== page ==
Microsoft Band is a cross-platform fitness coach with sensors galore

After what seems like months of speculation and rumours, Microsoft has finally outed its smart wearable to the world and well, its lazily named.

The “Microsoft Band” claims its tiny piece of the overcrowded wearables market by working with all major mobile operating systems, and we love Microsoft for this. Android, iOS and Windows Phone are all compatible with the wristwear, while retailing for a considerably scant US$200.

Sensors galore

Although the device looks more like a futuristic festival pass, it harbours some interesting features, including the “Intelligence Engine”, or Cortana’s mute little text-projecting sibling. The band hasn’t a speaker, so any information relayed to the wearer is done via the 320×106 TFT screen. Thanks to this quip, Microsoft urges users to wear the screen on the inside of the wrist — annoying.


Microsoft Band 2

Still, even if this is an aesthetic issue, the sensory technology baked in includes all the blackbirds Redmond could find:

A GPS, an optical heart rate sensor, a 3-axis accelerometer, a gyrometer, an ambient light sensor, a skin temperature sensor, a UV sensor, a capacitive sensor and a sweat-sensing Galvanic skin response system are all present. Incredibly, the battery reportedly lasts for 48 hours and charges in just 90 minutes.

Sweaty stuff

There’s a definite focus on fitness too, which will make batting for business-orientated consumers more interesting. Those on a pre-beach season fitness quest will love the Intelligence Engine. As its name suggests, it can notify the wearer of fitness issues, tips, tricks or how many centimetres that chocolate bar will add to your waistline.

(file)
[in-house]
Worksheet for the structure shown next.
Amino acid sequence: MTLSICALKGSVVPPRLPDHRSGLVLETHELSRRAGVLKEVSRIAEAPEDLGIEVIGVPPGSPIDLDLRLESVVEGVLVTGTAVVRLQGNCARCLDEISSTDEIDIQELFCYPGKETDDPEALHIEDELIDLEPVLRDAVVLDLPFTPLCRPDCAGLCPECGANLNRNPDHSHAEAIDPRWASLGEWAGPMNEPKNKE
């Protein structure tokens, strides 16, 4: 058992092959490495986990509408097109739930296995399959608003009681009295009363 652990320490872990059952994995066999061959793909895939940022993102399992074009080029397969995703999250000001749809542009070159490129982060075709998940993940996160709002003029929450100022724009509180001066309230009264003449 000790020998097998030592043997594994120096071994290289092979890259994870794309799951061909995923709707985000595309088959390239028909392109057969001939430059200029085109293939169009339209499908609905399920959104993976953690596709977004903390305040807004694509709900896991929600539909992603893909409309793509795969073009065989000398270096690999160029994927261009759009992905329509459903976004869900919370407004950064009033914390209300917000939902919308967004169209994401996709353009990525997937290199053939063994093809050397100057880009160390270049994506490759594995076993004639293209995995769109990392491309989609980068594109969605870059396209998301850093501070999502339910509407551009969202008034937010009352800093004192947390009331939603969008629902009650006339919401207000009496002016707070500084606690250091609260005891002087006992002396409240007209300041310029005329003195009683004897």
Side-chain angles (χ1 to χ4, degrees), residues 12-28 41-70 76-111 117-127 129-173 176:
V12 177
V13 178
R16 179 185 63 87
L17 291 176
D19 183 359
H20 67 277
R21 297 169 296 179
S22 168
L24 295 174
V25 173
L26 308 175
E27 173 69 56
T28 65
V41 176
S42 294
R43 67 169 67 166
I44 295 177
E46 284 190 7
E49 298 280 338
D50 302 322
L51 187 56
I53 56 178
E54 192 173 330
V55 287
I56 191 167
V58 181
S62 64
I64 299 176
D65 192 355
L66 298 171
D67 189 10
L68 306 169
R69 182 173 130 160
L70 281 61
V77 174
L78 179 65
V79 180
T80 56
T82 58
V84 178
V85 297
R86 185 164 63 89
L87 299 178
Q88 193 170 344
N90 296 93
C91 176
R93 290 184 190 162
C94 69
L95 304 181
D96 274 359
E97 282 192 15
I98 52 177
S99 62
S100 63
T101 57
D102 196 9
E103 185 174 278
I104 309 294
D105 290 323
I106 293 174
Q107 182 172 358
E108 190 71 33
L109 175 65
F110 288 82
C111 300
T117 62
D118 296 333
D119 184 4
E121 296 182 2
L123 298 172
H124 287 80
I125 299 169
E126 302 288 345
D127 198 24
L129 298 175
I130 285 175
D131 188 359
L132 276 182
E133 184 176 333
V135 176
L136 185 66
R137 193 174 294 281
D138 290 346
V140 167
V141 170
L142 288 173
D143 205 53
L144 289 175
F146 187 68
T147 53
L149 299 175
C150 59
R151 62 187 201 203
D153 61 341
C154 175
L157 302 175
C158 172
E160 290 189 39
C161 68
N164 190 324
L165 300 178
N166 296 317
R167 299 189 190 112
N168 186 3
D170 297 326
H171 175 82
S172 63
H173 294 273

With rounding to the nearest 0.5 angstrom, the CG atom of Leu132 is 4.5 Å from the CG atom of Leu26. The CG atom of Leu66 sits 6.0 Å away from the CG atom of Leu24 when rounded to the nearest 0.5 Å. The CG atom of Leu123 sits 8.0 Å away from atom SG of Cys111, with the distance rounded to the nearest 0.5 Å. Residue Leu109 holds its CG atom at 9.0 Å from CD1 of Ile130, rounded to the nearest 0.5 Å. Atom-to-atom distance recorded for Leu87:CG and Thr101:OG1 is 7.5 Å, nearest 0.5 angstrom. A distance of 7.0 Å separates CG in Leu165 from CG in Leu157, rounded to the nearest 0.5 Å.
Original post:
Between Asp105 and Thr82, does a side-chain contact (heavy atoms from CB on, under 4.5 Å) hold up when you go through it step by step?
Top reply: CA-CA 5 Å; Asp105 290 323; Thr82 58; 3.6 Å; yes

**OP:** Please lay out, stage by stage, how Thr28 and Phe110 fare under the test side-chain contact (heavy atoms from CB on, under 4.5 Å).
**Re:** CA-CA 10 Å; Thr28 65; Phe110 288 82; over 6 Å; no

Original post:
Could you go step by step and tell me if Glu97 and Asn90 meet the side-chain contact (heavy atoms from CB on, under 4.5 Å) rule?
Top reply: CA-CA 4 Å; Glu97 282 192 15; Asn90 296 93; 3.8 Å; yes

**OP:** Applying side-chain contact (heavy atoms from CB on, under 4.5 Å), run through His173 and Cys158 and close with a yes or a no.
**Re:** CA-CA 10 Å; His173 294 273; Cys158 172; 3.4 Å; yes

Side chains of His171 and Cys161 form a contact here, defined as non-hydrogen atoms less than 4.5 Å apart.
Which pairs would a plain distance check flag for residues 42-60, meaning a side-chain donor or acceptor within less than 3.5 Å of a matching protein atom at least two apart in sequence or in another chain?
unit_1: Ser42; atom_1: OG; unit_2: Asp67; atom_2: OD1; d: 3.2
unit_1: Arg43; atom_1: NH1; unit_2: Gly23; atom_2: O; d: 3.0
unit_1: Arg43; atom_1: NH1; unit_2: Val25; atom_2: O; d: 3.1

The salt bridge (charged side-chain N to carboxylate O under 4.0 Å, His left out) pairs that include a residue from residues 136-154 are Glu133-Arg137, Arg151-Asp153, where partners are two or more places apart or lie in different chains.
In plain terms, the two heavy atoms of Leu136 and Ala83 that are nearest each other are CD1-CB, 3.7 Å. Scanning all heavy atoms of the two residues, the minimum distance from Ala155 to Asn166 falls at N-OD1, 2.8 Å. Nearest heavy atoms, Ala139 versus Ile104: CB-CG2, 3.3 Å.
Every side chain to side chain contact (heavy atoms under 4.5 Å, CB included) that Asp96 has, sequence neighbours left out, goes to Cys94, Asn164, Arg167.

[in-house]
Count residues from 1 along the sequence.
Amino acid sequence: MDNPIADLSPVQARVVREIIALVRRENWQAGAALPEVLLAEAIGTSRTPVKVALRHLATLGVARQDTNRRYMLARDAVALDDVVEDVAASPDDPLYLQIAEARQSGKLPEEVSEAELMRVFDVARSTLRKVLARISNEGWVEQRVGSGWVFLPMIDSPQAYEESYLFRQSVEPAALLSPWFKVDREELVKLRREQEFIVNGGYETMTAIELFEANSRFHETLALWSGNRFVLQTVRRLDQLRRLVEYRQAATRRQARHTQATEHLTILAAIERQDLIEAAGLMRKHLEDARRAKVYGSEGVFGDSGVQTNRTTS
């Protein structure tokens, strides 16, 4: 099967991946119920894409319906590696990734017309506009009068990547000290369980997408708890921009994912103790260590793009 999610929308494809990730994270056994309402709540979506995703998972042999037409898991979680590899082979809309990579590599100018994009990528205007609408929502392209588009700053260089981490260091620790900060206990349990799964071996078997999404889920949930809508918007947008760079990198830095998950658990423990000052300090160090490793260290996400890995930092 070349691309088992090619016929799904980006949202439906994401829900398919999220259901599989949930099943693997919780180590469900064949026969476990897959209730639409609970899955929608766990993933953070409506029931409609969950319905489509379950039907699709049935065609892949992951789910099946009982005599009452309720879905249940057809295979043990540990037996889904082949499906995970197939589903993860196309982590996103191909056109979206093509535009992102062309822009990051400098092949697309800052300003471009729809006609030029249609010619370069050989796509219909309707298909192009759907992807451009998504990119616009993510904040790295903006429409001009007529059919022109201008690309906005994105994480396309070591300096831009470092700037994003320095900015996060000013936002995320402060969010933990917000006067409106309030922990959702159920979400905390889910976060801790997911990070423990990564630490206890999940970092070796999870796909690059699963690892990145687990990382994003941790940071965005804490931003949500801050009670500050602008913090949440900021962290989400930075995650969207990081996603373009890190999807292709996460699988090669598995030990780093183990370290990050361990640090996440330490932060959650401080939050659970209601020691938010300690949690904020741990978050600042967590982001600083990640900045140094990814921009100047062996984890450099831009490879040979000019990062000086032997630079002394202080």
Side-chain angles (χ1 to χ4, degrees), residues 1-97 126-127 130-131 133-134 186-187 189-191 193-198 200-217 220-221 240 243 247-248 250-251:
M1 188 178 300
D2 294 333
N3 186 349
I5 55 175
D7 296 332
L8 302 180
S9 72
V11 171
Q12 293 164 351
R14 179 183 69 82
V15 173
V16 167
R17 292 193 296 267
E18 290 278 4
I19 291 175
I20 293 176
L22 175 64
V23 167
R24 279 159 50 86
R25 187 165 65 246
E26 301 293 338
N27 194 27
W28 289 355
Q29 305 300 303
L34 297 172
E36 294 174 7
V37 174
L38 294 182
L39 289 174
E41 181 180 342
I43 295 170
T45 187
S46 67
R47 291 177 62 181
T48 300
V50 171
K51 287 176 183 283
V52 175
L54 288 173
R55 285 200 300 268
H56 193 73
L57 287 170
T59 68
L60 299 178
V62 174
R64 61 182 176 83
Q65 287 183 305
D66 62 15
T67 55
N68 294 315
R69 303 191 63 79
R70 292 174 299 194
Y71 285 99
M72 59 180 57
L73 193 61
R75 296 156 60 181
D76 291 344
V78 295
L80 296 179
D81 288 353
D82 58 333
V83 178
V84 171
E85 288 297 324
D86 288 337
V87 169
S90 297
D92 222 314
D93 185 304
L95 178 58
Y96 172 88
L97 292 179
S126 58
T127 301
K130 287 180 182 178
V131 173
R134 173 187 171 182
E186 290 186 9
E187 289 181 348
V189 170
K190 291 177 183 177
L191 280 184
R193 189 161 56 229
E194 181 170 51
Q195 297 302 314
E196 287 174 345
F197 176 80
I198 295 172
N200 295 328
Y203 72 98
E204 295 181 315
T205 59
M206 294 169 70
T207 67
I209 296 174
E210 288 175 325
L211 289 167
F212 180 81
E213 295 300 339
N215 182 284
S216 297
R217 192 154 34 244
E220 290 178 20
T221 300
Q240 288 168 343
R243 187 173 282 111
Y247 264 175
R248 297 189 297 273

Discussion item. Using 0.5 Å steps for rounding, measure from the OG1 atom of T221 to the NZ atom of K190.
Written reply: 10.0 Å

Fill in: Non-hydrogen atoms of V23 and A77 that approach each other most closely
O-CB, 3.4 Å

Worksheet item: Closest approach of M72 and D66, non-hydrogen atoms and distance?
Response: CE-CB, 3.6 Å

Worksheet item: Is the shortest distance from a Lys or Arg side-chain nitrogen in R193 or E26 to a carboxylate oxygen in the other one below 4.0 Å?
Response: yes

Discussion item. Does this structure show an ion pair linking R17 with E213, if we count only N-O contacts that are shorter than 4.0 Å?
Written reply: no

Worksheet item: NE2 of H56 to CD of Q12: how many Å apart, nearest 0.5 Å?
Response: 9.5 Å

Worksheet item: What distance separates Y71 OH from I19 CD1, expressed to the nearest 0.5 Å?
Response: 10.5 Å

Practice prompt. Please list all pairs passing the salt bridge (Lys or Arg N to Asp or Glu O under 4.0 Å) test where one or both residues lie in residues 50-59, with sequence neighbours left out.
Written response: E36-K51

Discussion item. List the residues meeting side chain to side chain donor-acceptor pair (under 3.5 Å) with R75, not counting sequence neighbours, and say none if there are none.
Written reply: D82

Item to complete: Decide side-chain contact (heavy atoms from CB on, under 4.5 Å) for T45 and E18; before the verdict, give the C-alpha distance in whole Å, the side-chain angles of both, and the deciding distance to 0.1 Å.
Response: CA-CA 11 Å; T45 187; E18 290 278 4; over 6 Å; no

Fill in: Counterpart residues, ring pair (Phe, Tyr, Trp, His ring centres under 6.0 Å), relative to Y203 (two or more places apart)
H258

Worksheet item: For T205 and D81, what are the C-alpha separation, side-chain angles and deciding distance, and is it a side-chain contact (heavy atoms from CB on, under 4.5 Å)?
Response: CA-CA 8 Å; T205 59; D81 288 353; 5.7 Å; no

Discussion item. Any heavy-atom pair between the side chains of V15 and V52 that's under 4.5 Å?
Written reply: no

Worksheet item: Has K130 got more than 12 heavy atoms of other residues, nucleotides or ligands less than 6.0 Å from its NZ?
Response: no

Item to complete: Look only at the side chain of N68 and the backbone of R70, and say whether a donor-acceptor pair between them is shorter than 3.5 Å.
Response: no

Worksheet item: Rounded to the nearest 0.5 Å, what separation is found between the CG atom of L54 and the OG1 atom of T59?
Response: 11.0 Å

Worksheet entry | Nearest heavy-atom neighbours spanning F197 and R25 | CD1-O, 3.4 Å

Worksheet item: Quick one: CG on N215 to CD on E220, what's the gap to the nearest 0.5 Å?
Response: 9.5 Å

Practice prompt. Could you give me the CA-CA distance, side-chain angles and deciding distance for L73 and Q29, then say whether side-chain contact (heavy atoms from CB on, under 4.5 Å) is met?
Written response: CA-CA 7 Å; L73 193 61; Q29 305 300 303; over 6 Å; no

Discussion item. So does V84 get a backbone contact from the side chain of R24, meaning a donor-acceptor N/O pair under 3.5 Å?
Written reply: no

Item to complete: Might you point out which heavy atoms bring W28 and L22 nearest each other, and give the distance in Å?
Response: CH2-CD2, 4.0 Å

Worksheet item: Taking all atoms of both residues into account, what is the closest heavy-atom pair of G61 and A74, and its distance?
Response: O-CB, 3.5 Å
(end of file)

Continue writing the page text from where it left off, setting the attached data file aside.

“Imagine you’ve set the goal that you want to get fit and lose weight as part of your exercise routine,” notes Microsoft’s GM of Personal Devices, Zulfi Alam.

Microsoft Health Cross platform

“Based on your burn rate and exercise over one week, we will soon be able to auto-suggest a customized workout plan for you. As you follow that plan – or if you don’t follow the plan – our technology will continue to adjust to give you the best outward-looking plan, like a real coach would do.” Microsoft is getting creepy, folks.

Hardware and Big Data

If you were expecting smartphone levels of hardware too, you’ll be pretty disappointed. 64MB storage mated to an ARM Cortex M4 MCU takes care of the Windows 8-like Modern interface, which looks rather nifty on this tiny screen.

And of course, with big sensors and big fitness comes the promise of potential Big Data. The company has launched Microsoft Health, “a cloud service for consumers and the industry to store and combine health and fitness data to create powerful insights,” which will be mated to the eponymous app.


Is this the game changer that everyone was hoping for? Apart from the brilliant cross-platform compatibility, we’re not so sure.

If it walks like a duck, quacks like a duck, it probably is a duck, and the Microsoft Band is pretty much just like any other duck (fitness band) out there. There’s little to set it apart, but the pricing is attractive compared to rival products.

The device is available for preorder on Microsoft’s official store from today.

Andy Walker, former editor


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